A New Look at Prospect Theory


Saint Paul


Hey there. I was just thinking — PRL readers are the best.

This past weekend I emailed about Mindset and letting Reality flow—

“Don’t force a round peg into a square hole” kinda thing (actually it was exactly that).

Anyway, one Mr. Haris P. wrote back to agree:

Mindset is everything, you are right. When I get stressed I stop and think of the Prospect Theory that has been fascinating me since I first read it some years ago.  To make a long story short, we always judge situations comparing to something else (point of reference).

When I am stressful at work for example, I stop and think how is my life, what are the real things I value (family, friends and health basically). Suddenly all other issues seem unimportant and trivial. Everything has a solution (apart form health problems) so I should just carry on, find the strength and courage to face my hesitations and fears.

In a few words, I change the mindset and everything seems crystal clear.

Second off, I agree completely with Haris.

Perspective, framing, and contrast all help us to see the situation and get a handle on our emotions and mindset.

But backing up to First off… my immediate reaction was whoa. I hadn’t thought of Prospect Theory quite like that before.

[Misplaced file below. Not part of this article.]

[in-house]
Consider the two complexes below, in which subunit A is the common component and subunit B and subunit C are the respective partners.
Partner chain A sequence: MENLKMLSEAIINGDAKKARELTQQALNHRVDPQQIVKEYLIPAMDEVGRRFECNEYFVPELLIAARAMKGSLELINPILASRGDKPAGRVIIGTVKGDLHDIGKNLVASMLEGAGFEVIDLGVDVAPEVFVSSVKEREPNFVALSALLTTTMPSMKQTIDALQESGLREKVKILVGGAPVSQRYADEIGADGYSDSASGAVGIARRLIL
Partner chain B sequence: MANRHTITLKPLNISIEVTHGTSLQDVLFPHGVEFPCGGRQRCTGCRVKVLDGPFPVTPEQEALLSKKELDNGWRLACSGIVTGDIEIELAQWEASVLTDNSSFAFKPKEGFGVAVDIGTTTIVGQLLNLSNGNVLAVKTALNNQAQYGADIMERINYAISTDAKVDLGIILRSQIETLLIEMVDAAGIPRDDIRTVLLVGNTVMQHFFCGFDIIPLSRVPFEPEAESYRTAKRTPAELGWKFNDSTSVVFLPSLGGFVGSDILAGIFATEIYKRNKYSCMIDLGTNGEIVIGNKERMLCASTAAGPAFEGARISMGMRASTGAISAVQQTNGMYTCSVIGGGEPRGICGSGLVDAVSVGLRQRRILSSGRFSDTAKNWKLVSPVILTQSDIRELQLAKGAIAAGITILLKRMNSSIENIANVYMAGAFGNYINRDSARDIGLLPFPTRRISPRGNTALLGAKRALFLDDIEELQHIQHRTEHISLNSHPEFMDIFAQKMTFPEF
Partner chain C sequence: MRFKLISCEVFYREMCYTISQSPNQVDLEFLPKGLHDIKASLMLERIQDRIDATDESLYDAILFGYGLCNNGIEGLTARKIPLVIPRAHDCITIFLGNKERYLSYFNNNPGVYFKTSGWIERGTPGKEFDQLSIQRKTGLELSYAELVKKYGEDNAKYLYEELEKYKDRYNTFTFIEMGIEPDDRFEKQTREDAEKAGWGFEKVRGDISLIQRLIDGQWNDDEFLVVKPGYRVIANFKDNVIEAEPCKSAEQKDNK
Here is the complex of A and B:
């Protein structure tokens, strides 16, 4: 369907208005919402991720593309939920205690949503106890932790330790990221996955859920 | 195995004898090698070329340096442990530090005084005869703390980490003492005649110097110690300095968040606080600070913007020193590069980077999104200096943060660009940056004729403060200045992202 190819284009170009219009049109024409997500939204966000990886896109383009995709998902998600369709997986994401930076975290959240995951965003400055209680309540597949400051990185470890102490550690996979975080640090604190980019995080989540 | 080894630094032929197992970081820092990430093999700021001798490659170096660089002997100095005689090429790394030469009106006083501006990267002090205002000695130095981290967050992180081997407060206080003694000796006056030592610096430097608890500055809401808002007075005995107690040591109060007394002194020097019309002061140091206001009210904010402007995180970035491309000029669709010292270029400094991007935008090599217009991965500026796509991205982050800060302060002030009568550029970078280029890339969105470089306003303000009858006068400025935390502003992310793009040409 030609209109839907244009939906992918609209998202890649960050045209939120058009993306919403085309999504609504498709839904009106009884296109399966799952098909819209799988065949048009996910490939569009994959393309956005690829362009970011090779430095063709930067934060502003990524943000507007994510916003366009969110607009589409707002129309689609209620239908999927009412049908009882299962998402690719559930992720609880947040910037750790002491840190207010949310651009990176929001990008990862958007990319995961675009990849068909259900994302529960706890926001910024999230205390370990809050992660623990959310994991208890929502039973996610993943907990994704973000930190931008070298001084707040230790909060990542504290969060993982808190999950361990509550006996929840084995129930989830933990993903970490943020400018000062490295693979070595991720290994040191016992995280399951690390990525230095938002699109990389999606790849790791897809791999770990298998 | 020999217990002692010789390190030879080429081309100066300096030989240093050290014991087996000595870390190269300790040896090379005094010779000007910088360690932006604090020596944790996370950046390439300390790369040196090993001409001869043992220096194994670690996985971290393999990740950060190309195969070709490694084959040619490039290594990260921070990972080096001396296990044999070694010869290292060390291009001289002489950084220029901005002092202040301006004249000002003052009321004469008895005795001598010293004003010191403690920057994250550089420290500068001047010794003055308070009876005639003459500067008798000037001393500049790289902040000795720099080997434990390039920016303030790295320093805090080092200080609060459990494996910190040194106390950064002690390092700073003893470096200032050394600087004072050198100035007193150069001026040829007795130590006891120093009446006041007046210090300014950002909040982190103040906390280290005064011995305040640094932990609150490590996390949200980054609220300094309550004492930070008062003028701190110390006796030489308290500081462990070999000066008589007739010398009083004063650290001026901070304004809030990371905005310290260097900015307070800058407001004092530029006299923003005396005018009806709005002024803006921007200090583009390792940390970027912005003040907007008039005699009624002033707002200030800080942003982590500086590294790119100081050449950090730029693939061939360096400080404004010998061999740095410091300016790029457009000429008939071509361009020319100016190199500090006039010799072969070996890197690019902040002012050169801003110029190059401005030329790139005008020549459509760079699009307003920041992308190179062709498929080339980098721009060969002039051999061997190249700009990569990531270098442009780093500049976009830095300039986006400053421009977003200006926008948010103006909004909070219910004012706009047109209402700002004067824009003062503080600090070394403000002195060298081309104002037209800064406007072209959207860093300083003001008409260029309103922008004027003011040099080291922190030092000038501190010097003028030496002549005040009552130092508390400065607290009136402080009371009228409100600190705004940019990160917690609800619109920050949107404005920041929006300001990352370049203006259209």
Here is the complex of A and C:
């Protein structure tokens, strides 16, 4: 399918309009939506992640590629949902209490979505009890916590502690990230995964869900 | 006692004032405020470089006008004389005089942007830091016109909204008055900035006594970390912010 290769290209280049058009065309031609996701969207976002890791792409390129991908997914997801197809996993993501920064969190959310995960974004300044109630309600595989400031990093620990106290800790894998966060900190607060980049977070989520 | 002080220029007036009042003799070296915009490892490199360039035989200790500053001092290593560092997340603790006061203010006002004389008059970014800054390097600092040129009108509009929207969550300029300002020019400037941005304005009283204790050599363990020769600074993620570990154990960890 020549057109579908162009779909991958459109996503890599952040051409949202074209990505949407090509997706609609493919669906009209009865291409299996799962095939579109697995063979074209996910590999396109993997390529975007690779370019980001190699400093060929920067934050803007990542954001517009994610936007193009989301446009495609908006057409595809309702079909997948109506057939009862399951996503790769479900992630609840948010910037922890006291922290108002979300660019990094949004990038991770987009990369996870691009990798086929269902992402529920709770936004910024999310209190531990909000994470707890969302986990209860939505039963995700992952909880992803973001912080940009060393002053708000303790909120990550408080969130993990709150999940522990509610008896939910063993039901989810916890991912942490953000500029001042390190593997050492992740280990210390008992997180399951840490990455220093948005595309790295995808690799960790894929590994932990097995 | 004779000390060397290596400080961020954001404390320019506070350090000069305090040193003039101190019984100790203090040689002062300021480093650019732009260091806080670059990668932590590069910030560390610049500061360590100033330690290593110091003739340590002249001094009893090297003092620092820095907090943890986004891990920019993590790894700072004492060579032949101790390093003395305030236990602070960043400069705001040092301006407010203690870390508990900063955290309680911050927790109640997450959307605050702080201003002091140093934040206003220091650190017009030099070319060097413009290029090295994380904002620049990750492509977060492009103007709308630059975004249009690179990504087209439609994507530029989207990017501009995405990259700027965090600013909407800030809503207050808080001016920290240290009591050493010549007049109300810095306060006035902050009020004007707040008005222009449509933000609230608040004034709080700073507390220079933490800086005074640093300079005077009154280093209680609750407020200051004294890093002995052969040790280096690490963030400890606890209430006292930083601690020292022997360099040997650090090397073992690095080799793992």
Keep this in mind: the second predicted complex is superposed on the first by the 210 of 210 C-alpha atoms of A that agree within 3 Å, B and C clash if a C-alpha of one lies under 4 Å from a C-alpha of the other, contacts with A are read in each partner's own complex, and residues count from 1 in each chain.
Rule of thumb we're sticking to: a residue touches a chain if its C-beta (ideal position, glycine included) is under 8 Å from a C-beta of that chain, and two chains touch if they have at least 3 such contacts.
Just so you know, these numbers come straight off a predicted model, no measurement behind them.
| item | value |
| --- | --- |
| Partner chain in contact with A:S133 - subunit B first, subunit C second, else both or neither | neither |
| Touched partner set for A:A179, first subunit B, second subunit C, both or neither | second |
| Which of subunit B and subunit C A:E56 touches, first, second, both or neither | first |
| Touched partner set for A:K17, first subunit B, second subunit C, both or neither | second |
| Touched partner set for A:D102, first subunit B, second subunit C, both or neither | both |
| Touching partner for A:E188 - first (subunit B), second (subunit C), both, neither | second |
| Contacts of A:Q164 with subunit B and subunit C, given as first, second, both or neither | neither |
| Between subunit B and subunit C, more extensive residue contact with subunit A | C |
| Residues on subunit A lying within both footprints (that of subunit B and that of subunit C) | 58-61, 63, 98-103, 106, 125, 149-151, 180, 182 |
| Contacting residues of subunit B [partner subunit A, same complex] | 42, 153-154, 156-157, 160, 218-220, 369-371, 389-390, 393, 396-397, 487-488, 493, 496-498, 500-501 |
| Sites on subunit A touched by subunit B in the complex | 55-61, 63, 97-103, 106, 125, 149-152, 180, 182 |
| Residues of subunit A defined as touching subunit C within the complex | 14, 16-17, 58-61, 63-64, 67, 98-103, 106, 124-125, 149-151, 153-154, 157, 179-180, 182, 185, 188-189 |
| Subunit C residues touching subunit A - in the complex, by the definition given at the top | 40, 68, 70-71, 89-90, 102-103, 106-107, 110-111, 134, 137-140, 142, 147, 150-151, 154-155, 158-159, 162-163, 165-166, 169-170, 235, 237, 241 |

My personal notes on Prospect Theory
My personal notes on Prospect Theory from Thinking, Fast and Slow

Prospect Theory tells us how people act (or react) in the face of risk. When you have the option of a sure win, you tend to be risk averse. You don’t want to gamble.

And when you’re pretty sure things aren’t going to work well, you’re more willing to take big risks…

Hoping for the Best!

Prospect Theory was devised by Daniel Kahneman and Amos Tverski. I learned about it in one of my favorite books, Thinking, Fast and Slow.

The way I’ve looked at Prospect Theory in the past is how people act in the face of risk, like i described above.

Our man Haris brought it into a new light for me.

When we’re feeling stressed, we’re not thinking clearly — foolishly acting on emotions and putting ourselves in that category where

things aren’t going to work out,

might as well bet the farm!

Fact is, that’s rarely the case. Things generally do work out —maybe not how we expected— so long as we don’t muck ’em up worse.

When you recognize that events happen outside of our control, you can play it cool. You’re able to pull yourself out of the despair and risky (emotional) behavior, and see where they lead.

Good stuff. I like this new twist on the Prospect Theory of risk and reward.

You can find Thinking, Fast and Slow here if you’re interested. I highly recommend it.

thinking-fast-slowThanks Haris for the note!

Stay cool dear reader,